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T'was three nights before Christmas, and all through the town, Not a Flames fan was cheering, they all wore a frown.

And why wouldn't they be sour? In their final outing before the Christmas break, the Calgary Flames were on the road, mired in the depths of an eight-game losing streak and down 3-0 to the defending Stanley Cup champion Los Angeles Kings. Things couldn't look much worse. The defensively sound Kings know better than any NHL team how to lock down a lead. It's in their championship DNA.

Moreover, the Kings entered the game clinging to the final playoff spot in the Western Conference, three points ahead of the Flames. In the cold mathematical light of day, it wasn't a stretch to think if Calgary lost in regulation, their once-promising season was headed down the drain. Thankfully for the Flames, a Christmas miracle suddenly occurred: Two late-third-period goals by rookie sensation Johnny Gaudreau forced overtime, and then team captain Mark Giordano won it with his 10th goal (and, remarkably, 34th point) of the season.

So now, instead of being down five points in the standings at the Christmas break, the Flames were behind by only two. Instead of answering questions about the longest slump of the Bob Hartley era, they were earning kudos for their resilience (so far, six victories when going into the third period behind by a goal or more).

Psychologically, it is impossible to quantify how much one solitary victory might mean, but relief was certainly apparent on the players' faces as they scattered for the holiday. A merry time was had by all, before the season resumes Saturday night with a visit from the Edmonton Oilers, the first of two home games for Calgary against their provincial rivals in a span of five nights.

And while the Flames felt as if they'd righted their course heading into the break, the Grinch was messing with the hearts and minds of Oilerville. "I'm sure the fans aren't going to like hearing this, but I'm going to get away from the game; and I'm sure everyone else too – I think we all need a break from this," said Oilers winger Taylor Hall, following the team's final pre-Christmas match, a 5-1 home-ice loss at the hands of the Arizona Coyotes. "Hopefully, we come back rejuvenated and all pointing in the same direction. The season is – I couldn't imagine a worse start to the year than we've had."

Hall's reference was to the fact that the Oilers had won just one of their previous 20 games to sink to the bottom of the overall NHL standings – and it isn't even close down there any more. Edmonton had 21 points at the break; the Carolina Hurricanes were next at 24, then the Coyotes at 28 and the Buffalo Sabres with 29.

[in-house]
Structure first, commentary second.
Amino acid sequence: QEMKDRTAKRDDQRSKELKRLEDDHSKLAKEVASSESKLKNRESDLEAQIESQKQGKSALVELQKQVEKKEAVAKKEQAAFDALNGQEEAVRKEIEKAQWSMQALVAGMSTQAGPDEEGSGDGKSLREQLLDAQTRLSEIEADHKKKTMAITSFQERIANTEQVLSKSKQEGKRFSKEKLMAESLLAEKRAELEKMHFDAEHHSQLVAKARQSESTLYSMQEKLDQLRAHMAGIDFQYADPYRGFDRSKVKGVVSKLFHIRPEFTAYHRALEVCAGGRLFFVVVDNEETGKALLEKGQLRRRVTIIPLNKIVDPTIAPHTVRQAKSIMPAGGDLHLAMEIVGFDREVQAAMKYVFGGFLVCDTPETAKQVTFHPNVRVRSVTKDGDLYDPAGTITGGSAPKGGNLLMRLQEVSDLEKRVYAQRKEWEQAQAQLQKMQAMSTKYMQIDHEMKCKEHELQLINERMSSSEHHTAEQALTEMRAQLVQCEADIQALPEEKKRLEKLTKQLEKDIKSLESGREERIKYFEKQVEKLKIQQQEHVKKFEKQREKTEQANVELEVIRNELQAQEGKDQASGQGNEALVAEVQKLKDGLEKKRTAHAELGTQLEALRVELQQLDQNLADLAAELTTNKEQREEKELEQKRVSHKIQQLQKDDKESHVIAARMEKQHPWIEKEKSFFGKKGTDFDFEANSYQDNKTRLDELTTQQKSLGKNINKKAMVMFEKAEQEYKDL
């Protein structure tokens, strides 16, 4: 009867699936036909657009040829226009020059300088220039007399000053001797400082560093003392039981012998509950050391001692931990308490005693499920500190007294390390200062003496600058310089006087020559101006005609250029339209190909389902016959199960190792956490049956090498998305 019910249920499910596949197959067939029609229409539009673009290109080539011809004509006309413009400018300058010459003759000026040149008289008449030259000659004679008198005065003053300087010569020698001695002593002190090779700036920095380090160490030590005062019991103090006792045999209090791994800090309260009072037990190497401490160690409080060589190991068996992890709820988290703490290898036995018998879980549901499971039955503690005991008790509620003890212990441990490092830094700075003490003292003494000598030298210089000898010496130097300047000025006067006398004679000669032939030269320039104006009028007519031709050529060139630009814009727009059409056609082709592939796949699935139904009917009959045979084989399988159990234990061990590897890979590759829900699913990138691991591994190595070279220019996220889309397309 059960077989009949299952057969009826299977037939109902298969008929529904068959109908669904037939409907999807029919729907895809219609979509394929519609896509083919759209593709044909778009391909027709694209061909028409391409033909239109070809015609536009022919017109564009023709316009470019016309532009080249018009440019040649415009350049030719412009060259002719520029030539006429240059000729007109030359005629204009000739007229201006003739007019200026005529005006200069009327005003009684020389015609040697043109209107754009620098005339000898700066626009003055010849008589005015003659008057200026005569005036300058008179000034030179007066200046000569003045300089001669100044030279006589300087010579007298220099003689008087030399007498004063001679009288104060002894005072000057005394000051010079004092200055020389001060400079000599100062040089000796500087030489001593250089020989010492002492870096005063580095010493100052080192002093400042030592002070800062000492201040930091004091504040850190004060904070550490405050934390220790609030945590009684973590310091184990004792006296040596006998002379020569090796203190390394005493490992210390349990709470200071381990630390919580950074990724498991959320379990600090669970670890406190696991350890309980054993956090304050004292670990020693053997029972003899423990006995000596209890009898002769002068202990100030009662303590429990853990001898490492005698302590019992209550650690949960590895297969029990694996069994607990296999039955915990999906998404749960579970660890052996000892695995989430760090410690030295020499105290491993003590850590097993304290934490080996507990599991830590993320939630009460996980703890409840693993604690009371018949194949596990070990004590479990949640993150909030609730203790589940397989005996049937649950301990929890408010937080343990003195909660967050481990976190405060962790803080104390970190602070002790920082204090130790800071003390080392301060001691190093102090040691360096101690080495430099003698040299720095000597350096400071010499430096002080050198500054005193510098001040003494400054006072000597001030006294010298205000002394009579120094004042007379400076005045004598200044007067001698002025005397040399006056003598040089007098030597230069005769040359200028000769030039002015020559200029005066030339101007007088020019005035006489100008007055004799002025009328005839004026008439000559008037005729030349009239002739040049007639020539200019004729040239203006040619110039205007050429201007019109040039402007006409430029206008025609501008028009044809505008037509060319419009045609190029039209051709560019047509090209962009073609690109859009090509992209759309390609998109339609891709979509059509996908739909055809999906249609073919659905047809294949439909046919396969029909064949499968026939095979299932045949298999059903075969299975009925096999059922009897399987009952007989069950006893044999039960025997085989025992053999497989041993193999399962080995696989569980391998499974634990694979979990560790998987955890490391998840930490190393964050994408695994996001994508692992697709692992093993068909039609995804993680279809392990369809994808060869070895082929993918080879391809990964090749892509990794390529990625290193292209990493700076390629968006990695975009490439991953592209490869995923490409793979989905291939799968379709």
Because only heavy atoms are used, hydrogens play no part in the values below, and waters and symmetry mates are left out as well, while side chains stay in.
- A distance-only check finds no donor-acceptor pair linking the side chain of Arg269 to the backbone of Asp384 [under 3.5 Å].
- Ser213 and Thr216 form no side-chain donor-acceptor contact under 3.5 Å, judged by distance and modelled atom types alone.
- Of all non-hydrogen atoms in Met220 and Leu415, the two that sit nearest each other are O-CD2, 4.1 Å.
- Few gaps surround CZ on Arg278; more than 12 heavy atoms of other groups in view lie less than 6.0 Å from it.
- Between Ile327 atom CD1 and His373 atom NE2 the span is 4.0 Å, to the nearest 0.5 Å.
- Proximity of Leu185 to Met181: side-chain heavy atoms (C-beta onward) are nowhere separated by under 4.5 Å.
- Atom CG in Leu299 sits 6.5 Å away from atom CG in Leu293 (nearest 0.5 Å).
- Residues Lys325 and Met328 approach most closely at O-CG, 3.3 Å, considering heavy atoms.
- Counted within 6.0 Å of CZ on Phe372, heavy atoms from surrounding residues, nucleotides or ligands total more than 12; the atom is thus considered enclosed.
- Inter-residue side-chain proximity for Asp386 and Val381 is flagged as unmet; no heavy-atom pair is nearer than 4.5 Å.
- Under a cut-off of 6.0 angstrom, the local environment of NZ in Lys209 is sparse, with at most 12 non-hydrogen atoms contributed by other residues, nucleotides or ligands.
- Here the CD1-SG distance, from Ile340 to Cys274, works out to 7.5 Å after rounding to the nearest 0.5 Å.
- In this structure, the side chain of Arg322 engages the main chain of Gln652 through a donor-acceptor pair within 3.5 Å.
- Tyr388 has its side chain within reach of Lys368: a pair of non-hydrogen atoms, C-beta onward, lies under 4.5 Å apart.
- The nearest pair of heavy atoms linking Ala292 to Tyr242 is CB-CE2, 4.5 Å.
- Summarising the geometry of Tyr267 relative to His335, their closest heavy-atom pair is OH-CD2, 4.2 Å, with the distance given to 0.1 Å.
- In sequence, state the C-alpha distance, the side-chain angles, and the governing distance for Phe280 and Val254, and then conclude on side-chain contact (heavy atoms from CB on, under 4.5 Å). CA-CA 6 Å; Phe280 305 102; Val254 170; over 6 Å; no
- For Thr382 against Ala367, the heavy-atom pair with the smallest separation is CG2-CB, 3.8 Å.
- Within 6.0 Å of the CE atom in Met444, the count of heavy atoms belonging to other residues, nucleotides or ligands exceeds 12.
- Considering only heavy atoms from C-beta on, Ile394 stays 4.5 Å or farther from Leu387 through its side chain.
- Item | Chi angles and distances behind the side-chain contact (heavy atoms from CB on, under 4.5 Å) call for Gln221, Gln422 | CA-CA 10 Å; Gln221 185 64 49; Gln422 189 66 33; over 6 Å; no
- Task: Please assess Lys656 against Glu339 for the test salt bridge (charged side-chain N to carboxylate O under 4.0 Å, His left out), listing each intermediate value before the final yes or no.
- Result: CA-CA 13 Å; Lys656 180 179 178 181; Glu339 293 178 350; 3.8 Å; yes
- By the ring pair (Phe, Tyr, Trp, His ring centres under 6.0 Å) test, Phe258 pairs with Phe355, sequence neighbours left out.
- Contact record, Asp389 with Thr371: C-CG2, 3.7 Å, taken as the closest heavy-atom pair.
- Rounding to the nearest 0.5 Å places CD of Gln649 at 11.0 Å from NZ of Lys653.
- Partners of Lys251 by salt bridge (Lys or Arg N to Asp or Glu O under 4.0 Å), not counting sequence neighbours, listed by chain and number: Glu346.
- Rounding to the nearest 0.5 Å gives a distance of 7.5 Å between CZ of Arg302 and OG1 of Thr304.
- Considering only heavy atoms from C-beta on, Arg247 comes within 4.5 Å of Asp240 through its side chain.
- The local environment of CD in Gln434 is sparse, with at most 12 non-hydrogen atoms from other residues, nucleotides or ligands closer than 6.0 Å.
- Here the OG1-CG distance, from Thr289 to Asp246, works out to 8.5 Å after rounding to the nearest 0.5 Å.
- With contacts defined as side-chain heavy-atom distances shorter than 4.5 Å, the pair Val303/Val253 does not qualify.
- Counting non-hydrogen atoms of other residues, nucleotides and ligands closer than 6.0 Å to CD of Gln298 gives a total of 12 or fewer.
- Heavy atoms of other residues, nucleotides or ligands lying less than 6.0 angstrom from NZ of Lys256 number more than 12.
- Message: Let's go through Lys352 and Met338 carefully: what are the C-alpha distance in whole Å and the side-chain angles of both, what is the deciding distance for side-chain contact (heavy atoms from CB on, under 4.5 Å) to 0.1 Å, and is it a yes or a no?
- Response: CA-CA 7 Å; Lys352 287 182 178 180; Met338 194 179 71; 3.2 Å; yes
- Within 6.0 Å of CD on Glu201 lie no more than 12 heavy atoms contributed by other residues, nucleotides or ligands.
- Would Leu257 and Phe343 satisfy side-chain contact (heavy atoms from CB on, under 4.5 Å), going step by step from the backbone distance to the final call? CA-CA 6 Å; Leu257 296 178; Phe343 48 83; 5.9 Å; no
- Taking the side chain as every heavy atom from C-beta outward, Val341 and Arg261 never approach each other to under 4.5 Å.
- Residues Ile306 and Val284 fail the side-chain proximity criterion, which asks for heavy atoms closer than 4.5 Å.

The prize for absolute failure is a chance to perhaps land a top pick in the 2015 NHL entry draft, the only thing the Oilers remain in contention for. While they've shown some signs of life under the new coaching regime of Todd Nelson and Craig MacTavish, they were also continuing to find creative new ways of losing.

Over all, it has been a rough December in both Alberta precincts, but while the Oilers are pointing directly at next year, the Flames are a decent week away from vaulting back into the top eight.

"For all the bad things, luck-wise, that have happened to us lately, I think we deserved a break and we got one," said Giordano, whose Norris Trophy-calibre season is just one of the things Calgary fans can be thankful for.

Another: How Gaudreau has inserted himself into the Calder Trophy conversation, even if the Nashville Predators' Filip Forsberg looks like the clear-cut favourite at the moment.

Gaudreau's ability to adapt to the NHL level was no sure thing when training camps opened, and there was some thought that easing him into professional hockey with an AHL assignment might be the way to go.

But Gaudreau – all 5-foot-9, 150 pounds of him – has proved adaptable, one of those players with the uncanny ability to find open spaces on a crowded sheet of ice. In some ways, it's Patrick Kane-like, finding the quiet areas and then backing off defencemen because they fear he'll sift past them with a move. Gaudreau is also good at making plays at top speed, something other less able offensive players sometimes cannot do, which is why Hartley is using him in all the key moments of a game.

"The way that this young man is progressing right now, the way that he's growing right now around our organization, he doesn't give me a choice," Hartley said. "You look on the bench and you see this guy dominate. We get back between periods; we talk between coaches and his name always comes up – generating chances, playing well defensively, making plays."